Tuesday, 10 December 2013

Walk The Talk - Stop Violence Against Women

Millions of women worldwide continue to experience injustice, violence and inequality in their homes, the work place and public life. Domestic violence is outlawed in 125 countries but still 603 million women worldwide live in countries where domestic violence is not a crime. There is no doubt that there is a global pandemic of violence against women and children. The details of what women and girls around the world are subject to are horrific from being raped by their teachers, to being jailed for adultery after rape to constant beatings by family and partners.

In Australia one in three women have experienced physical violence since the age of 15. Almost one in five have experienced sexual violence. These women are our neighbours, our family, our friends, our sisters, mothers and daughters and in some cases us. They are the 1.2 million women or 15 percent of all women who have experienced violence at the hands of their previous partner. 16 000 plus who have endured violence from their current partner.

In Victoria we have been told that Victoria Police responds to close to 140 incidents of family violence every day. These occur in every suburb of melbourne from doveton to toorak - from hawthorn to epping. That is close to one incident every 10 minutes and those are only the incidents we know about. Australian Bureau of Statistics data tells us that onlyone in ten women report violence and of those very few report to the authorities. Most people tell a friend or family member. Two high profile murders of women have made us think that the streets are dangerous places whereas the reality is that women are more at risk from their nearest and dearest when they are at home.
But before we despair we know that things have started to change. Governments have started to try and deal with this plague of violence. The federal government has a ten year plan to reduce violence against women and their children. This plan commenced in 2012 and involves all the state and territory governments. The plans vary from state to state but they all have the same intention to reduce the level of violence, increase services and prevention programs and hold men accountable for violent behaviour.
In Victoria the government has invested $175 million to increase services, reduce and prevent violence against women. This money has been used amongst other things to
  1. Provide additional services for women and children leaving violent situations including increasing access to after hours services and support to allow women and children to stay at home safely
  2. Increase access to private rental programs and women’s refuges for women and children for whom it is too dangerous to remain in their homes
  3. Increase the use of the family violence common risk assessment pro forma to help people recognise situations which are highly dangerous and might end with a woman or her children being killed. We all know that the most dangerous time for a woman in a violent relationship is as she is leaing or just after.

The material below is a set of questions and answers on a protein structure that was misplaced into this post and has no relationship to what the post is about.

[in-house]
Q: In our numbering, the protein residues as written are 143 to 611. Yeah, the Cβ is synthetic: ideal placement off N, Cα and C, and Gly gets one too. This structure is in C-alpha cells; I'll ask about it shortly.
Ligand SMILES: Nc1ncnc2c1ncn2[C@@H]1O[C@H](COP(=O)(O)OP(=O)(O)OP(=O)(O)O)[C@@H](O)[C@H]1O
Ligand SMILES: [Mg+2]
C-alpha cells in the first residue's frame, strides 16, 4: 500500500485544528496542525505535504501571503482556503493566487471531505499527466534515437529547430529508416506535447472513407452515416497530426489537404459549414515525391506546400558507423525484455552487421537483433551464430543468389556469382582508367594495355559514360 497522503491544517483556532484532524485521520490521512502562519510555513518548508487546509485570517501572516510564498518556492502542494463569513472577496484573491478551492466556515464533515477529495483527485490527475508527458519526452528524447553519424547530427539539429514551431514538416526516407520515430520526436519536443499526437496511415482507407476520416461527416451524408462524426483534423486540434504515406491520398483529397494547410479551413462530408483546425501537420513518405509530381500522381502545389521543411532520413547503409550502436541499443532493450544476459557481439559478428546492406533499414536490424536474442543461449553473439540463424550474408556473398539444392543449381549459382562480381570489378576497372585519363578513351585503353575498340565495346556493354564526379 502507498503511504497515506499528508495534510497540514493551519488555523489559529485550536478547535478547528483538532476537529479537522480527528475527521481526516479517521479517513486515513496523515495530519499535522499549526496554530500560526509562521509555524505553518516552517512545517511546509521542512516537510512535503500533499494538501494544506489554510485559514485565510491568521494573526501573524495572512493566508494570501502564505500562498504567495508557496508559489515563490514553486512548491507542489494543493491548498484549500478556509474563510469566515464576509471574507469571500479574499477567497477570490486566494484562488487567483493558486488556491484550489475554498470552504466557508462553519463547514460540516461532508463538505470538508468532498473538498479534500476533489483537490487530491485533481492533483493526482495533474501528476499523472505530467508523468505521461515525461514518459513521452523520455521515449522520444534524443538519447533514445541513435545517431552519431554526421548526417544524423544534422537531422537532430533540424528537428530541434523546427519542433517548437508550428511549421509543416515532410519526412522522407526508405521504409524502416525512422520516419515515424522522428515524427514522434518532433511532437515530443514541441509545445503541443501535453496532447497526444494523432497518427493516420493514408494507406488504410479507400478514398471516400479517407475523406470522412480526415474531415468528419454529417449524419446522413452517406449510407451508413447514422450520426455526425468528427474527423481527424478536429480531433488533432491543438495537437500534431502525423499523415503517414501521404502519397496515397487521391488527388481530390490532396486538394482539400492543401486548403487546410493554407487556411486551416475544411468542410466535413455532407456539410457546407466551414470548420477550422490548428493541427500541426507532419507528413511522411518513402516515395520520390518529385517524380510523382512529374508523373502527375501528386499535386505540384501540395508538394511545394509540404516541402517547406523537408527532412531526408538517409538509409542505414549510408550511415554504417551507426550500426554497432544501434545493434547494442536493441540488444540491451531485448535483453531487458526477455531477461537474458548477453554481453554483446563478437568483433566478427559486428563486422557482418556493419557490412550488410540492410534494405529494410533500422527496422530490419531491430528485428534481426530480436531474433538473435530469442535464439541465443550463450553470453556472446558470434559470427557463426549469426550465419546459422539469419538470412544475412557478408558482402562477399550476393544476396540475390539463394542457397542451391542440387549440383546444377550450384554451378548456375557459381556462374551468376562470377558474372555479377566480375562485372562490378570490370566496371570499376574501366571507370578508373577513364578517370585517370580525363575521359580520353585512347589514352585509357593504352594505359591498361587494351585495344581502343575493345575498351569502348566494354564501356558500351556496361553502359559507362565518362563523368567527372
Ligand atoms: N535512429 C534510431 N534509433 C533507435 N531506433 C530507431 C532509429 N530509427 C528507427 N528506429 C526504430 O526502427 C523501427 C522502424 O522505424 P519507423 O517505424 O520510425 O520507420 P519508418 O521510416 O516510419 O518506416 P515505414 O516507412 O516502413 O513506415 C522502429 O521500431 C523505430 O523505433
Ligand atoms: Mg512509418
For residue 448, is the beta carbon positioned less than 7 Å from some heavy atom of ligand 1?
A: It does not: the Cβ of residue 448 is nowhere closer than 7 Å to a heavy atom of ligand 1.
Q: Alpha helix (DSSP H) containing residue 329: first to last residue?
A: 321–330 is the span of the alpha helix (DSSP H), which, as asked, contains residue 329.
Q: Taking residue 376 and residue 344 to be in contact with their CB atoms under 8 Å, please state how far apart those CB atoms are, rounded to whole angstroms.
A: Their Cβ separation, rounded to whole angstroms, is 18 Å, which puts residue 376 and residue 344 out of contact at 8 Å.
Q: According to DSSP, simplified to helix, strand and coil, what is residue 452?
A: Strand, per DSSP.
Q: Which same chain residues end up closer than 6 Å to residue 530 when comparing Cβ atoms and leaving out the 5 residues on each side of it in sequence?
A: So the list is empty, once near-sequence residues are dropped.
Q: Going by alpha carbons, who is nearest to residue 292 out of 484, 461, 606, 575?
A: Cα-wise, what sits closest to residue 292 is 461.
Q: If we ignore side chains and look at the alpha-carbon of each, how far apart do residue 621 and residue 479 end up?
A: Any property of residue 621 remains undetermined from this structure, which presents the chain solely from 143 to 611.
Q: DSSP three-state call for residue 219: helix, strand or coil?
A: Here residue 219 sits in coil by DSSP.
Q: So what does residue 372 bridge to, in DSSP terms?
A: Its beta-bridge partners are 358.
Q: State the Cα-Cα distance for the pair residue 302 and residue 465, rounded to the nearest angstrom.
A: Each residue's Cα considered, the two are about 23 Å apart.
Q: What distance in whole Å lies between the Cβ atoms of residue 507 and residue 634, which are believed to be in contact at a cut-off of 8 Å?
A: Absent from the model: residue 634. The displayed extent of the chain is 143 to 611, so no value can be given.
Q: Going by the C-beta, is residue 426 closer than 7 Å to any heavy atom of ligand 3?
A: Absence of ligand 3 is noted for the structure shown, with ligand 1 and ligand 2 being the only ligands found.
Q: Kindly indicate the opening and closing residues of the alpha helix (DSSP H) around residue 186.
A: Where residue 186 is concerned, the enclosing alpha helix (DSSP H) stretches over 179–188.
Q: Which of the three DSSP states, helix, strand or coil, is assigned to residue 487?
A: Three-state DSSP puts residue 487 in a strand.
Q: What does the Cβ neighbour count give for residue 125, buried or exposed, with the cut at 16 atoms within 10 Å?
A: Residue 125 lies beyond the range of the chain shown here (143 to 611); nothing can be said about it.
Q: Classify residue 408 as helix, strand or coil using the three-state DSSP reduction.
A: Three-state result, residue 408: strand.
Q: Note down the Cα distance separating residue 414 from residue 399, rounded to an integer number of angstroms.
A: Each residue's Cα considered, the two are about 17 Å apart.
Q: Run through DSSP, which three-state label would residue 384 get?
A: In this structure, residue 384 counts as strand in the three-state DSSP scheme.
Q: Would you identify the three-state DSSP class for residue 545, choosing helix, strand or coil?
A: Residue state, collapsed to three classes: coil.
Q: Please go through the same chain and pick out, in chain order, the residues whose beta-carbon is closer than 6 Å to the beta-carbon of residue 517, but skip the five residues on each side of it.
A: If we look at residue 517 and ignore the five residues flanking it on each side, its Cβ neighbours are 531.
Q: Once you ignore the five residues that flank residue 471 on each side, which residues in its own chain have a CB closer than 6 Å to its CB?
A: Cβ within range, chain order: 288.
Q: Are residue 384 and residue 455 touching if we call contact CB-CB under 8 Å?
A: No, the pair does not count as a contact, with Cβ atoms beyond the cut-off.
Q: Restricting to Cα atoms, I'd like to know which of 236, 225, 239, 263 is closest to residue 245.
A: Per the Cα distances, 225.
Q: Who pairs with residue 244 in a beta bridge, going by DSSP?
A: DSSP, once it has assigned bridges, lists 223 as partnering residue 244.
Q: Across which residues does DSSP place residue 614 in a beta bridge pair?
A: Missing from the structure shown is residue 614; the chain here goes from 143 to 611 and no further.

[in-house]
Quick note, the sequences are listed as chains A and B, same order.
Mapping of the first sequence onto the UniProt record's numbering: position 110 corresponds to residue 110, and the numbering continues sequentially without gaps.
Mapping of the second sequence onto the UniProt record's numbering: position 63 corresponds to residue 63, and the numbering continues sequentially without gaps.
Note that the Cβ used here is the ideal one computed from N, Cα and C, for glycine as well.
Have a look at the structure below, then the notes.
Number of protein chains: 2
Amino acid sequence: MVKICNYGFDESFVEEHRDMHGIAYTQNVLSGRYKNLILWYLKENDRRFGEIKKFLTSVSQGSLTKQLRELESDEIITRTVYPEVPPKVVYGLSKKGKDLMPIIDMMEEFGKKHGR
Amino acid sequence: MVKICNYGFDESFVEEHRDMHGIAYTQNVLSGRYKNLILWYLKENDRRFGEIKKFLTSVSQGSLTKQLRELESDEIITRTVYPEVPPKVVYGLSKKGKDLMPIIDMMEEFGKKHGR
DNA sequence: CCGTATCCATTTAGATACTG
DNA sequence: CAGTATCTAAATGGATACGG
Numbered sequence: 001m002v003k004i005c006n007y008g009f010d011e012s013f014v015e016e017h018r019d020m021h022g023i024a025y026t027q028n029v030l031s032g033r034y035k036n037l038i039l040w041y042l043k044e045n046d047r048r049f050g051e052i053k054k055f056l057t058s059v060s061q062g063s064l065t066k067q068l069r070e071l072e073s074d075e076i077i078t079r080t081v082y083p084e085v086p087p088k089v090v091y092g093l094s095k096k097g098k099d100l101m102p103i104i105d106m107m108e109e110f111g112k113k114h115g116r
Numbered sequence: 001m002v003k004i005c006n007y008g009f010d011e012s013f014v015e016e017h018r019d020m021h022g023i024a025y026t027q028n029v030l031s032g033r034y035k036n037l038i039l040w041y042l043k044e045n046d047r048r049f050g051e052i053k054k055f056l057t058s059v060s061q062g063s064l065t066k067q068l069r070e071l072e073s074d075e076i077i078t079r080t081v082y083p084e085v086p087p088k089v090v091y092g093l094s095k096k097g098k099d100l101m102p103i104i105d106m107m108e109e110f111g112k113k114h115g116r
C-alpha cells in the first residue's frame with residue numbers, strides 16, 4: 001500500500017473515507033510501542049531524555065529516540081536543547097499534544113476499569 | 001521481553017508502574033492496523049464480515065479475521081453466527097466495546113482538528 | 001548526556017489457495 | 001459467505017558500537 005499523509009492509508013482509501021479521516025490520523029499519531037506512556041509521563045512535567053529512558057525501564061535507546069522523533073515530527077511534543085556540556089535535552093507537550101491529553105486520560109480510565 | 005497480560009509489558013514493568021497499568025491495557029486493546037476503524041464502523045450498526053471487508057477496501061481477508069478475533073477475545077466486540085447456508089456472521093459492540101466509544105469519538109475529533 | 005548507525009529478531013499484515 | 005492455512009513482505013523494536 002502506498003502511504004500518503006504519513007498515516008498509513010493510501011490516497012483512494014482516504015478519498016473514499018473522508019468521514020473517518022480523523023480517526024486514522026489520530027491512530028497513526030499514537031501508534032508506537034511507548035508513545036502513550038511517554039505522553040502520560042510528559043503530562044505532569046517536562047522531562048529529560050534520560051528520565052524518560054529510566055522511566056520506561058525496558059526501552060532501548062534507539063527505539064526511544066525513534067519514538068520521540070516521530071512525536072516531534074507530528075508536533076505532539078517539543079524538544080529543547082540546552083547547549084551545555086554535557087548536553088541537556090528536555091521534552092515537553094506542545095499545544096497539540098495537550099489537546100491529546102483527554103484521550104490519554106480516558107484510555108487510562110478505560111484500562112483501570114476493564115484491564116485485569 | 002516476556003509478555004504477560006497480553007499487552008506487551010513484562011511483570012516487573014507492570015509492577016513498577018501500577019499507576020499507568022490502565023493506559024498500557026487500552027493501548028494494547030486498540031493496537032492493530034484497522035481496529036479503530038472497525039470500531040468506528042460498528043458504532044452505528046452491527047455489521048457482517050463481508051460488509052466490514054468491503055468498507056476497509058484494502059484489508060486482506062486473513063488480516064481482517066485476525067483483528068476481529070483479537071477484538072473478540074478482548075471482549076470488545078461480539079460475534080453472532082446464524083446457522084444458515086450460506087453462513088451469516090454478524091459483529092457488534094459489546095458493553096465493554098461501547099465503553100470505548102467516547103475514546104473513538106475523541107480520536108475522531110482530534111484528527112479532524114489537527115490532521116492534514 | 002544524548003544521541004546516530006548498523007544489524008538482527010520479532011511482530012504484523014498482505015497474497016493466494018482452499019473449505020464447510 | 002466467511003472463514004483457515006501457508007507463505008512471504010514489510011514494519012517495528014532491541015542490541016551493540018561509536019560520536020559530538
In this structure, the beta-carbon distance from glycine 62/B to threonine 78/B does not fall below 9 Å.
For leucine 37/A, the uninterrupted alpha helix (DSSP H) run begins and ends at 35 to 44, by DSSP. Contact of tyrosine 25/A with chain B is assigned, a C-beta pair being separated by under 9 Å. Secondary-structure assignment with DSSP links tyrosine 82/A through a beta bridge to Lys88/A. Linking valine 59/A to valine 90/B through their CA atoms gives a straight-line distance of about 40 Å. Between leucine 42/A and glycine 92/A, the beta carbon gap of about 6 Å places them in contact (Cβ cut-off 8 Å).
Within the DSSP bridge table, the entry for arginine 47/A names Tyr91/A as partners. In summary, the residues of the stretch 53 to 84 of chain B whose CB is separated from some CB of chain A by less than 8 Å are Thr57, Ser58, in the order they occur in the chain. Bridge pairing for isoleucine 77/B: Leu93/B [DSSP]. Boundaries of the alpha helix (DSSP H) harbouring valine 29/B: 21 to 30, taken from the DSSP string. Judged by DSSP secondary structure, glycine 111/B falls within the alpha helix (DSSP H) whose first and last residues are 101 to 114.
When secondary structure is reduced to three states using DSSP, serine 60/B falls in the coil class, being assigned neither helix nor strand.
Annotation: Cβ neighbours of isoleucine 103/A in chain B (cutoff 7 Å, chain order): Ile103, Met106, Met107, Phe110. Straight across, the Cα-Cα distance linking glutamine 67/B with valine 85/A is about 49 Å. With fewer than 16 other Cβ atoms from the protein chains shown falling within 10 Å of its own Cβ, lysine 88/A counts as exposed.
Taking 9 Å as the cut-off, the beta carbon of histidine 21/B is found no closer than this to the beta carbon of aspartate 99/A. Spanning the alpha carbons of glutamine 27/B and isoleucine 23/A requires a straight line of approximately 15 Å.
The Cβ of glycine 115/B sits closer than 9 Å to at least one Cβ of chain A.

4. Develop violence prevention curriculum material for schools
  5. Increase access for violent men to behaviour change programs
Is this changing anything? I would argue it has and does. I can remember 40 years ago when the women’s liberation halfway house collective started the first women’s refuge using money from collective members. The women against rape collective took phone calls in the evening from women who had been raped recently. There was no service system. There was no government funding. There was no community awareness.

We had no money, no services and no government commitment. We did have something very powerful at that time. We had a firm belief that we could change the system. We knew we could fight and would win. We underestimated how long it would take. We must still fight and we will win. It just takes more time than we thought 40 years ago.
So what can we all do now to bring about more change. We can
  1. Call the police if we see or hear evidence of domestic violence
  2. Support a friend or family member who may be in an abusive relationship
  3. Volunteer at a refuge or other organisation that helps survivors or works to prevent violence
  4. Raise children to respect others.
  5. Raise boys not to be violent.
  6. Participate in events like this one today
  7. Volunteer in youth programs. Become mentors. Get involved in programs that teach children and adolescents about respectful non violent relationships
  8. Ask about anti-violence policies and programs at work and school
  9. Talk with our friends and respectful non violent relationships
  10. Challenge people who make sexist remarks or perpetuate myths about family violence and sexual assault .
Margaret mead once commented
‘Never believe that a few caring people cannot change the world. For indeed that is all that ever has.” 

You are the few caring people. Go ahead and change the world.

Sunday, 8 December 2013

Twitter

It is hard to understand why anyone would think it is acceptable to have pictures of children being abused on a social media site.  Twitter needs to address this problem immediately.

Monday, 2 December 2013

Voices of Hope - Nicoll

Nicoll was assaulted by a man who had contacted her on Facebook where her business had a page. Nicoll talks eloquently about the confusion women experience when unexpectedly attacked by someone you know in a different guise.